Addiction to TV may shorten your life, according to a new study.
In the study, people who watched TV for three or more hours daily had double the risk of dying early than others who spent less time in front of it.
Miguel Martinez-Gonzalez and colleagues from the University of Navarra in Pamplona, Spain included 13,284 healthy people, aged around 37 for their study. Of the total, 60 percent were women.
The study mainly explored effects of different sedentary behaviours including time spent in front of TV, computer and driving. Sedentary behaviour is a term used to refer to any activity performed in a sitting or lying position and that requires very less energy. During the eight-year study, 97 people died, mainly from cardiovascular events (19), cancer (46) and other problems (32). Watching TV for three or more hours per day was associated with twofold higher risk of early death than watching TV for less than one hour.
"Television viewing is a major sedentary behavior and there is an increasing trend toward all types of sedentary behaviors," lead author of the study, Martinez-Gonzalez, said in a news release. "Our findings are consistent with a range of previous studies where time spent watching television was linked to mortality."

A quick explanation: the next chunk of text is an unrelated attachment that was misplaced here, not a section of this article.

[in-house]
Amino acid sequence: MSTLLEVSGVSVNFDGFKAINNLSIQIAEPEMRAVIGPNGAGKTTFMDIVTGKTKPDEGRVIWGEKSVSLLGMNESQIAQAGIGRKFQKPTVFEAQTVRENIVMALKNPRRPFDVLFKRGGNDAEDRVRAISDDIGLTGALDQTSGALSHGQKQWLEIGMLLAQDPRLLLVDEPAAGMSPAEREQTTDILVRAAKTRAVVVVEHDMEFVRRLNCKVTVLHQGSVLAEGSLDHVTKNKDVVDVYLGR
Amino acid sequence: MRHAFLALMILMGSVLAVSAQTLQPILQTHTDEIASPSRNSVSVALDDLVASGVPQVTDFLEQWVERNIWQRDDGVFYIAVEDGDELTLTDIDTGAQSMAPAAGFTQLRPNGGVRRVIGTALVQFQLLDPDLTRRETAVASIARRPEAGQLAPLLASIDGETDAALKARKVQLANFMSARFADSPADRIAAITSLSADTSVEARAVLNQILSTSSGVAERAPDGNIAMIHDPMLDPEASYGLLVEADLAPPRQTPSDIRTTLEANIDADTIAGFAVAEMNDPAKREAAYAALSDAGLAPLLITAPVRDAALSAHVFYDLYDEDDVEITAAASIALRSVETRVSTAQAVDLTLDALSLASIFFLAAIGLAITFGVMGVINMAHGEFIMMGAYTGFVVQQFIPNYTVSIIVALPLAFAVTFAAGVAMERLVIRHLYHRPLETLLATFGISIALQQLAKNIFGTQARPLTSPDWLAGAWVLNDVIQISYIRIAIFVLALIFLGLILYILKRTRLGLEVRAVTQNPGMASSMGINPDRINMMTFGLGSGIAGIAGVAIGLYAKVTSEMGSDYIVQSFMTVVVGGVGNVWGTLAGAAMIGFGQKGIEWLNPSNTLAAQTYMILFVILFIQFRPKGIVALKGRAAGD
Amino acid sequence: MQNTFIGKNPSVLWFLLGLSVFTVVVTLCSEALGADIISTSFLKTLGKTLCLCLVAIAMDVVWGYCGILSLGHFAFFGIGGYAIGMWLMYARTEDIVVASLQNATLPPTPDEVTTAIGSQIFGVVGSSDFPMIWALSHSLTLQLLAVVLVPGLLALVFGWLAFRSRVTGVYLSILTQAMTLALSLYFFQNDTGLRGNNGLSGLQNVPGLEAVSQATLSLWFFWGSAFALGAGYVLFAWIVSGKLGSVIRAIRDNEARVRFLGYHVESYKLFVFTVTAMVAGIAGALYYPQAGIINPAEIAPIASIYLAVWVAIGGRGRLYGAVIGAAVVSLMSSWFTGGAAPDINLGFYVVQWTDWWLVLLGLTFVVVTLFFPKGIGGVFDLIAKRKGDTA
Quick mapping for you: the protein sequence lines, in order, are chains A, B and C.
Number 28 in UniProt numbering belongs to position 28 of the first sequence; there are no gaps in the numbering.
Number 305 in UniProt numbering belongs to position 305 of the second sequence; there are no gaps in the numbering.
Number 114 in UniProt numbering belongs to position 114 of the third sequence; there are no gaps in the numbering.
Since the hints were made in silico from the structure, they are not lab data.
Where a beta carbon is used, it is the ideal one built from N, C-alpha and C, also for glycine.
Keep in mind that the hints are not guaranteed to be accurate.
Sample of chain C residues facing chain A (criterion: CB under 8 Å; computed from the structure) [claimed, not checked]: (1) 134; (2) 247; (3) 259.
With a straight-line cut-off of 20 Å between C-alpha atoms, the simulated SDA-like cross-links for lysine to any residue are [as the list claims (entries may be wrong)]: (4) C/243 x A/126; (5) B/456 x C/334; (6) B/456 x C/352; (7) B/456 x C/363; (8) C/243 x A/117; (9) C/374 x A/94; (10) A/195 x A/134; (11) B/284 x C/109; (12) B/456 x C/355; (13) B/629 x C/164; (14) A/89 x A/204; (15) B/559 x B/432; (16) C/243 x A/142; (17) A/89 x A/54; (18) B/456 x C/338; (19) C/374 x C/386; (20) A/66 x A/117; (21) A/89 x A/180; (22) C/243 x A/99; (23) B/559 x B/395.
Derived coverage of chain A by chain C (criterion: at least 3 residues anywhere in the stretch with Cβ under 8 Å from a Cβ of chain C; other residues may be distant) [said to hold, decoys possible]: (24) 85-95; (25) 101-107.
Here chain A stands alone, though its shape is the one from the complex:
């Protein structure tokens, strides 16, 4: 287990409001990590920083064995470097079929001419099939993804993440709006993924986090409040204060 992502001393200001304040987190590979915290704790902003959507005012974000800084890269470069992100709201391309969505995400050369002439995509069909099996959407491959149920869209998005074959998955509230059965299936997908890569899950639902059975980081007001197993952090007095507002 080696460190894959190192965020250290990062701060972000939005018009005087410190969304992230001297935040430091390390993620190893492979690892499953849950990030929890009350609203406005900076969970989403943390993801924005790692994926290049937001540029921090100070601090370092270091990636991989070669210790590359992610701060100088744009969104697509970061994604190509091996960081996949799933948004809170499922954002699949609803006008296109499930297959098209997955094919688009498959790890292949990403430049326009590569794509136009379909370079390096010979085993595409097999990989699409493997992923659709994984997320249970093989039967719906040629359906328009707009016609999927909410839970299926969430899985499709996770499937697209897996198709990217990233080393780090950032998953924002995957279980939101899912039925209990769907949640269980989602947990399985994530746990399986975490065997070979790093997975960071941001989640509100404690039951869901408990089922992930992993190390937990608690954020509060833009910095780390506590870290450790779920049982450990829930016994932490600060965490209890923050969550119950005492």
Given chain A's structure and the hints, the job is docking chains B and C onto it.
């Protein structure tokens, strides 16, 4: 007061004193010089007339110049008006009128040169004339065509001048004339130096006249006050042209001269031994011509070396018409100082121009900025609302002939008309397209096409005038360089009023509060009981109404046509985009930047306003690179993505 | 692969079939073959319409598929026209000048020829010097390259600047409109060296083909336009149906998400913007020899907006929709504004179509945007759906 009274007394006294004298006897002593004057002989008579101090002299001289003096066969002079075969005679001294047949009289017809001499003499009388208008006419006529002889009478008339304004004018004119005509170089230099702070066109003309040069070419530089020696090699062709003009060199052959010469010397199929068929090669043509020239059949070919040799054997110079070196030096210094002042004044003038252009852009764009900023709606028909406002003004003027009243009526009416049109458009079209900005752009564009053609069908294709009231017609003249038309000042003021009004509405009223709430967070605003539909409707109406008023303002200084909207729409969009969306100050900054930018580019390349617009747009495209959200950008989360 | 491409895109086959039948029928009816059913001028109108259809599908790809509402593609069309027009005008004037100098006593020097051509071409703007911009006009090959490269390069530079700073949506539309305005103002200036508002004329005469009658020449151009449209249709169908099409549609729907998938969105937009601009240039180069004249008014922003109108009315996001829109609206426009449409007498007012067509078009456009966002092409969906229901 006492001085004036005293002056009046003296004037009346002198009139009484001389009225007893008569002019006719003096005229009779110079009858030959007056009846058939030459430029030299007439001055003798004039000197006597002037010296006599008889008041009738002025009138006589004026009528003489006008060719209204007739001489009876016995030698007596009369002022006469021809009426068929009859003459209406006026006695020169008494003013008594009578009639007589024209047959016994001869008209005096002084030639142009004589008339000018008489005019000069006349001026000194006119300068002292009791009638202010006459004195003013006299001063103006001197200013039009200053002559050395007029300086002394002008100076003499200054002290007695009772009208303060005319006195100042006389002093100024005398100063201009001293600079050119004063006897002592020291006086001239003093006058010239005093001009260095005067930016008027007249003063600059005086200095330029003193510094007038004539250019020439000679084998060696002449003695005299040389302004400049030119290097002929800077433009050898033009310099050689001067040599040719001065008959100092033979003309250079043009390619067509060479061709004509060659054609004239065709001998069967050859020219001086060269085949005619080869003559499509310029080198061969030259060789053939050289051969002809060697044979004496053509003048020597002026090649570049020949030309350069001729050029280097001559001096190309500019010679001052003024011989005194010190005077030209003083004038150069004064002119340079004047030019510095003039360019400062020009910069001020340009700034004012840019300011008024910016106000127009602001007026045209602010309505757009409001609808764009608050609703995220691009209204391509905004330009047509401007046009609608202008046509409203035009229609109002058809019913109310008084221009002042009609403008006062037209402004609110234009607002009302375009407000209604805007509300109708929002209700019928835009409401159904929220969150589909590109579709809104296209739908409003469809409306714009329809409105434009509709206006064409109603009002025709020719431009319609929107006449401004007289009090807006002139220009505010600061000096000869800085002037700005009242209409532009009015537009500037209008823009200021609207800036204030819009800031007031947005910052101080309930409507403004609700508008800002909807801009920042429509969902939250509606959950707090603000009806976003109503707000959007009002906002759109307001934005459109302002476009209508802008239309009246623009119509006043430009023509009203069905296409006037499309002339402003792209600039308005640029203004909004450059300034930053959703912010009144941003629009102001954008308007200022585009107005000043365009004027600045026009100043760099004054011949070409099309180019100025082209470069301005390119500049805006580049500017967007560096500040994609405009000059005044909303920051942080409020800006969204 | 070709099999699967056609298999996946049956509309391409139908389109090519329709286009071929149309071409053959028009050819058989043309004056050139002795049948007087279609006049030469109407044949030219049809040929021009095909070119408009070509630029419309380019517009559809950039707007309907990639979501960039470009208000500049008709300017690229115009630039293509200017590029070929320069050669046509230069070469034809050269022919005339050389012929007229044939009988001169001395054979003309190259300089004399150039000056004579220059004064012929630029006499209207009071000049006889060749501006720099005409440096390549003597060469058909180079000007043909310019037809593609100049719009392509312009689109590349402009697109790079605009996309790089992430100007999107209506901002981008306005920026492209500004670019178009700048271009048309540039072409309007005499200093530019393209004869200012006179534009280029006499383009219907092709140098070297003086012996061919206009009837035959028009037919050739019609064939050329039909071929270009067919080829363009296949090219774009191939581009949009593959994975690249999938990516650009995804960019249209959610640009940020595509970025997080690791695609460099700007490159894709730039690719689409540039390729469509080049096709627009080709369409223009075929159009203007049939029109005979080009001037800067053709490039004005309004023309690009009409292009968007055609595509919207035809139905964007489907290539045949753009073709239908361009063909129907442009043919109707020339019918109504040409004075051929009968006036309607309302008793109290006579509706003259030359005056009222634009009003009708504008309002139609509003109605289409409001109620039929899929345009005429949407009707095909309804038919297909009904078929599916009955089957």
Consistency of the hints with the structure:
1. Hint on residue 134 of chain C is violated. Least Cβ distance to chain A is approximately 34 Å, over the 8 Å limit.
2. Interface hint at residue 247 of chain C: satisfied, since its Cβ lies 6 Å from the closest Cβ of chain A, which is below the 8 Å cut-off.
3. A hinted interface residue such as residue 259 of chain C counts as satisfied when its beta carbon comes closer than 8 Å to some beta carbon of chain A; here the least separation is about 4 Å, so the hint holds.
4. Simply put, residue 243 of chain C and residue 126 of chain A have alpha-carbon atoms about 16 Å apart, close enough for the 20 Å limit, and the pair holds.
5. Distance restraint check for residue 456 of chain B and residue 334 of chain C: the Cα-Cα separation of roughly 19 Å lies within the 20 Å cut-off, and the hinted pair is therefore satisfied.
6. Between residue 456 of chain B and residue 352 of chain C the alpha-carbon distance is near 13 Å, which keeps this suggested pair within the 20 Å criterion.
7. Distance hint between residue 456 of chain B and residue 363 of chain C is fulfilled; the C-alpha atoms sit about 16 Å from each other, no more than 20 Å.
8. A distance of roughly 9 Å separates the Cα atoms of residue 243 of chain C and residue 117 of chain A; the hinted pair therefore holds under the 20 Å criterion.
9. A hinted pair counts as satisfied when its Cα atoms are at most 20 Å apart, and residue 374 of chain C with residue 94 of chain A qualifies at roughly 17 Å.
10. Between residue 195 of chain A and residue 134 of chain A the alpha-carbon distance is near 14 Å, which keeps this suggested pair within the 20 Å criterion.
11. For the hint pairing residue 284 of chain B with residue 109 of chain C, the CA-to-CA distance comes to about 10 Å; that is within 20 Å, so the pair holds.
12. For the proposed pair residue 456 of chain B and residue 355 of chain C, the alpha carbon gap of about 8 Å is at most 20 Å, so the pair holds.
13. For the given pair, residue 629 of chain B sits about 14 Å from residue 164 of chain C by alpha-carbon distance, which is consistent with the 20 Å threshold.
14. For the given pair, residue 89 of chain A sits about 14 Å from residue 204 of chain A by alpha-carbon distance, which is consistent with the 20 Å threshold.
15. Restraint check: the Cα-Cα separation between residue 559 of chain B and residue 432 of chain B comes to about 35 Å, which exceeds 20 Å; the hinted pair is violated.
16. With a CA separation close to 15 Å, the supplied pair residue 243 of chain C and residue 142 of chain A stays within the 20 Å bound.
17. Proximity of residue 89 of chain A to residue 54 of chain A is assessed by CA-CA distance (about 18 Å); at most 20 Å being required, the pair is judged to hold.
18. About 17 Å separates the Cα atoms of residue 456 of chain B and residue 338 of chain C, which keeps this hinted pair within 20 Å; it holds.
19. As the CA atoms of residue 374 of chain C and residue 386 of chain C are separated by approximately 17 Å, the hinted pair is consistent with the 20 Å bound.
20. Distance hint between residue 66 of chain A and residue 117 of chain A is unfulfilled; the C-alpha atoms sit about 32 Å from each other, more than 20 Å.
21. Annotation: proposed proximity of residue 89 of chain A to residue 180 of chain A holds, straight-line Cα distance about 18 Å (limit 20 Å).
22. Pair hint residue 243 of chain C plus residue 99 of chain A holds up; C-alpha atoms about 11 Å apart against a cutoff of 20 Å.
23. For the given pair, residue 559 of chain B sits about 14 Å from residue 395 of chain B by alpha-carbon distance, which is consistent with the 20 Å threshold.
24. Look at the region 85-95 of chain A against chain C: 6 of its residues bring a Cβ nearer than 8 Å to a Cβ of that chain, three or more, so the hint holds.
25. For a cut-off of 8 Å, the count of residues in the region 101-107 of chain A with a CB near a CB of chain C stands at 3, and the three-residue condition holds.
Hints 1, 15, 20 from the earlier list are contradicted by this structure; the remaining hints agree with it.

Concerned with their findings, researchers recommended adults to spare some time for physical activity and avoid the risks. "As the population ages, sedentary behaviors will become more prevalent, especially watching television, and this poses an additional burden on the increased health problems related to aging," Martinez-Gonzalez said. "Our findings suggest adults may consider increasing their physical activity, avoid long sedentary periods, and reduce television watching to no longer than one to two hours each day."
Innumerable studies in the past have shown similar health effects associated with TV viewing.
In January, researchers from Australia followed 8,800 adults for six years and found that watching TV for two hours or more increased the risk of being killed early by a heart disease by 80 percent. Some other studies that came later have linked the habit to type 2 diabetes, heart problems and mortality.
TV viewing at childhood also has similar negative effects. A study reported in February found too much time on TV and computer making children materialistic and adversely affecting their mental health.
Following are some health risks associated with excess exposure to TV at childhood as provided by Mayo Clinic in US:
- Sleep problems
- Weight gain
- Behavioural problems
- Reduced physical activity
- Poor academic performance
- Violent behaviour